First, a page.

While in school, you undoubtedly heard a teacher request the class to only use Number 2 pencils at least once. It seems like schools were deadset on the Number 2 pencil. But what even is a Number 2 Pencil? If there is a 2, is there a Number 1 or a Number 3?
As a matter of fact, there are indeed Number 1 and 3 pencils. There are even Number 4 pencils!
But why do you never hear about these pencils? Why are Number 2 pencils seemingly more popular and widespread? Well, it all has to do with what each pencil is geared towards.
Don’t worry, we’ll cover the differences in these pencils, as well as why you probably haven’t heard of anything besides a Number 2.
Table of Contents
The Number 1 Pencil
There’s actually a pretty simple designation system for pencils. The numbers (which actually include things like 2.5 and 5 as well) denote the softness and “darkness” of the lead. The higher the number is, the harder the core of the pencil is, and the lighter its markings are.
This means that Number 1 pencils are the opposite of that: they have a very soft core and accumulate more graphite on paper, which leads to darker markings. They have to be sharper than other pencils since being soft means the lead whittles down fairly quickly.
Number 1 pencils are most frequently used for drawing, where being able to achieve different levels of darkness is important.
- Artist Quality/School Grade - School Grade
The Number 2 Pencil
As you can probably surmise by now, a Number 2 pencil has a harder core than a Number 1 pencil, and also has lighter markings, though it is still softer and darker than Number 3 and 4. Why is Number 2 the pencil everyone hears about in school? Well, it’s just the best middle-ground.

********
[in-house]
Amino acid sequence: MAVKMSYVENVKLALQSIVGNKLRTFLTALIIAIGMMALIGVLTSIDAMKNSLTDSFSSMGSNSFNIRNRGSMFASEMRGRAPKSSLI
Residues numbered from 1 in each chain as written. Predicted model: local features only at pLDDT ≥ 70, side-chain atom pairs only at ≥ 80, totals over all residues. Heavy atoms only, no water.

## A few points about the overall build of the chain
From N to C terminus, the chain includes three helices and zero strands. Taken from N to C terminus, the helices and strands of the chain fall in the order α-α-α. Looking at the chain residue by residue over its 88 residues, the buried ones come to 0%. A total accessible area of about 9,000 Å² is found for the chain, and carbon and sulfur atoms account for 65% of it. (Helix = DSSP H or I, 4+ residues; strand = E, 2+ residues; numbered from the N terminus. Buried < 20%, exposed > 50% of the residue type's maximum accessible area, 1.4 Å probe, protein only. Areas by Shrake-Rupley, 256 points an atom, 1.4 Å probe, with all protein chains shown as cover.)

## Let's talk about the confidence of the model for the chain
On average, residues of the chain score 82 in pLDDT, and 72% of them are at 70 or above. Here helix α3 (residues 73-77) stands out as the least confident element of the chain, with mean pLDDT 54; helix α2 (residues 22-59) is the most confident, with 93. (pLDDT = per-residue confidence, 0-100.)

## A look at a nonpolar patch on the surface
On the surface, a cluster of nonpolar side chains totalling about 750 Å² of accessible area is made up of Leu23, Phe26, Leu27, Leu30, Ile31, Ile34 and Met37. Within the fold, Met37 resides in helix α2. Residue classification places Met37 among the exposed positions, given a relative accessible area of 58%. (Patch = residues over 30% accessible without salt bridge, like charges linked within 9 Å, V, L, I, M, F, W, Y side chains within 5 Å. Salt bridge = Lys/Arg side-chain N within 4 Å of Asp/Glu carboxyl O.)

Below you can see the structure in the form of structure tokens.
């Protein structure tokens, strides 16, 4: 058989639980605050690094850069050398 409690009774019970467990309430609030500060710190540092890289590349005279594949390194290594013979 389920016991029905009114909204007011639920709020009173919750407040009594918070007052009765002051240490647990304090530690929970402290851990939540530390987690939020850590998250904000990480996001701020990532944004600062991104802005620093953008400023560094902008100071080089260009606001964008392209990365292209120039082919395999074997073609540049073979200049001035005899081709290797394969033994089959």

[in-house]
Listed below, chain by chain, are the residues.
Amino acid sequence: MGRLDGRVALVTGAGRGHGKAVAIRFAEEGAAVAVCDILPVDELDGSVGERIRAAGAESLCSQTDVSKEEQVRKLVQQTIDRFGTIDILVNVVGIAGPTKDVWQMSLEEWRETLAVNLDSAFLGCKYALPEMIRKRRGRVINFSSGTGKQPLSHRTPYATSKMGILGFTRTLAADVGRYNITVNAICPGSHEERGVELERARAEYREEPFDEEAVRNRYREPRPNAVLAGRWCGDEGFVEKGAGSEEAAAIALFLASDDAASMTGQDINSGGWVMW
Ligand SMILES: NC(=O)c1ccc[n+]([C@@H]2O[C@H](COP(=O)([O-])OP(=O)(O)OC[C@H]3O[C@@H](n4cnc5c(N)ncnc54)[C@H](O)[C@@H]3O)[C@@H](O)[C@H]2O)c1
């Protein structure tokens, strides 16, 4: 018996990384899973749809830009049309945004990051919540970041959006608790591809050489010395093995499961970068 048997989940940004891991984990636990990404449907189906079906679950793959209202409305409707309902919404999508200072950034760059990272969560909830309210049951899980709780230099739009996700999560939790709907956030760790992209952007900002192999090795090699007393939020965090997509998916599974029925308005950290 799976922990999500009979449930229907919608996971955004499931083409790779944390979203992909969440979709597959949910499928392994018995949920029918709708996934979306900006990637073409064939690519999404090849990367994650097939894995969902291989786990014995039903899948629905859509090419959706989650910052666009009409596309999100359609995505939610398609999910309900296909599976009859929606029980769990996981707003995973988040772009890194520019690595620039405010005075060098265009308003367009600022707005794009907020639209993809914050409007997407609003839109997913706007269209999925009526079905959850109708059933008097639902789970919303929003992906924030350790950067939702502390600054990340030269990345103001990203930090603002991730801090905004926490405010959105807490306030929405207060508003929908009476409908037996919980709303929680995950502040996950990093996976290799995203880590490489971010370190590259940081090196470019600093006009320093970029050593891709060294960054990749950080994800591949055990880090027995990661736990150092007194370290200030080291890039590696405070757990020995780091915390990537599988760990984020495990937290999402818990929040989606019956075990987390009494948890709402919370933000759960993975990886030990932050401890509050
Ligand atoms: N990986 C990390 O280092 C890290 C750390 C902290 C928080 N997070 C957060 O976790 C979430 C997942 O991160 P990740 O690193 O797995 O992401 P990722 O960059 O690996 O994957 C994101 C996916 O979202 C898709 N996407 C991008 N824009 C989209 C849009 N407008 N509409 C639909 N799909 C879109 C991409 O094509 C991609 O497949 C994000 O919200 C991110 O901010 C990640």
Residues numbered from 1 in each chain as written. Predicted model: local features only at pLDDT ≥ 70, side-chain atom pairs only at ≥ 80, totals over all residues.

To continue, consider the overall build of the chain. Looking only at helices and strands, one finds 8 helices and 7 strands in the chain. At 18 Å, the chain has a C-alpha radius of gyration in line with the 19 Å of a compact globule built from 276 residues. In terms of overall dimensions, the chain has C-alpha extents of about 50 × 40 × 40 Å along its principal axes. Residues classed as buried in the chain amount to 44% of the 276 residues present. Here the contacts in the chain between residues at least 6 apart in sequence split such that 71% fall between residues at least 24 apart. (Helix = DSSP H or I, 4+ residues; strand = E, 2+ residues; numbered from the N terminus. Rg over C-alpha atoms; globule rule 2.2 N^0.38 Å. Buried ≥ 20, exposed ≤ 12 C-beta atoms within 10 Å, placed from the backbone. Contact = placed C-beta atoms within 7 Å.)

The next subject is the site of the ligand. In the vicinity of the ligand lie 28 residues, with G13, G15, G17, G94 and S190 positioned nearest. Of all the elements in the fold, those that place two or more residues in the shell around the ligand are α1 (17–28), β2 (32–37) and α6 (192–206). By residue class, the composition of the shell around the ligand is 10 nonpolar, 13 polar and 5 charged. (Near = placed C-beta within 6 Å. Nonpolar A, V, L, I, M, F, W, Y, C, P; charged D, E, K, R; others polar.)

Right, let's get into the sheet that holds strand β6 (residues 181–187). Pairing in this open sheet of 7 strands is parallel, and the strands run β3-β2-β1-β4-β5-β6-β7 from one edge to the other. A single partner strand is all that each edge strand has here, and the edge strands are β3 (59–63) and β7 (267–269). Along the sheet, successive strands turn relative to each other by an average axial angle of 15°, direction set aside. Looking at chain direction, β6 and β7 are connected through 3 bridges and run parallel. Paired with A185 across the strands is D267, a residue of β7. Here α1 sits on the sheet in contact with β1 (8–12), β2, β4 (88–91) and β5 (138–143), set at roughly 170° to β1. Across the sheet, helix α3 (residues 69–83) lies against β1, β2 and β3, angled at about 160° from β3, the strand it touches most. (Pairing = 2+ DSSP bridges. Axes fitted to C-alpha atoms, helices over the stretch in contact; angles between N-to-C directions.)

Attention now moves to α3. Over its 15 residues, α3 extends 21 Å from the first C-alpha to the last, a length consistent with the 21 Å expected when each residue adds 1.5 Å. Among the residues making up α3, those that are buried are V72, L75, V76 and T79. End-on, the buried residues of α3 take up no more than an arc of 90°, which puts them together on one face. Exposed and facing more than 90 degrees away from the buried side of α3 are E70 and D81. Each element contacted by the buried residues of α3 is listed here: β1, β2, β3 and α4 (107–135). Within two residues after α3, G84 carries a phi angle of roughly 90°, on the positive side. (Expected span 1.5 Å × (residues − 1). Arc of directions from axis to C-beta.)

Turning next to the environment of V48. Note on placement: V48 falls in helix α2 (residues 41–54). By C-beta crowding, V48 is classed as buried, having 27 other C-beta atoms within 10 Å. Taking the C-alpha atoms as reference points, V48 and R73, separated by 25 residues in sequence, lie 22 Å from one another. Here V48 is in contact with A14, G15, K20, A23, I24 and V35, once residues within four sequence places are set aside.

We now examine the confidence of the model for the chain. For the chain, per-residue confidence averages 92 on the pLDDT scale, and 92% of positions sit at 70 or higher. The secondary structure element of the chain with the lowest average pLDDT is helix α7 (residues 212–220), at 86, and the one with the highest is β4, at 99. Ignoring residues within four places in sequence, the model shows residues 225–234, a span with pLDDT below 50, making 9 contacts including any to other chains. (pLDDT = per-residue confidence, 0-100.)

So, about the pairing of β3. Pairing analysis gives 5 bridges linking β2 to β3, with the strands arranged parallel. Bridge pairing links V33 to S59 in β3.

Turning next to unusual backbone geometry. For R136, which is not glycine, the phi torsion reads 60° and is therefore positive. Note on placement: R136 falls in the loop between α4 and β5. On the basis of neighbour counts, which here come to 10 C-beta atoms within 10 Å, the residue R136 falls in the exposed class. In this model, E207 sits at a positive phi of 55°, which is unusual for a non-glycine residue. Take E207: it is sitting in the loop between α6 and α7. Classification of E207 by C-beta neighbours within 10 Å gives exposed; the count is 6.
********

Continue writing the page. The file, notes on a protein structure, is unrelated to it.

Number 1 pencils are so soft that they smudge easily and need to be sharpened all the time, so they aren’t great for everyday use, especially when it comes to writing. Number 3 and 4 pencils don’t need to be sharpened as often, but their marks are so light that some people have trouble reading them.
The Number 2 pencils simply strike the best middle ground of being dark enough to read easily while also being hard enough to not need sharpening that frequently. That’s why they are the most commonly used and the most familiar.
There’s actually another reason Number 2 pencils are so popular with schools, but we’ll talk about that later.
Number 3 and 4 Pencils
You’ve probably figured this out already, but these two pencil designations are even harder than the aforementioned pencils and make even lighter marks. Because they are so hard, they can have very fine tips and be used with great precision. But the light marks aren’t great for writing.
Furthermore, these hard, sharp pencils can actually pierce typical paper quite easily, tearing right through it. This is another reason they are not used for writing and you’ve probably never heard of them while you were in school.
These are specialist pencils, often only used by people in a select few careers, like engineering.
The Other Big Bonus to Number 2
Number 2 pencils are mostly used because they strike a happy medium between the different pencil grades, but there is actually another big reason they are so popular with schools. Do you remember all those Scantron bubble tests you had to take?
Well, the early machines used to read and grade those tests had problems accurately detecting marks from Number 3 and 4 pencils because the marks were too light. Number 1 pencils smudged too easily, which is bad when you need to fill in a bubble and stay within the lines.
On top of that, the composition of Number 2 pencil lead was easier to detect by machines because it had more electrical conductivity.
Number 1, 2, and 4 pencils exist, but they are either too soft and dark or too hard and light to be practical for your average user. This is why most people are familiar with a Number 2 pencil, but some people haven’t even heard of the other grades. But now you know!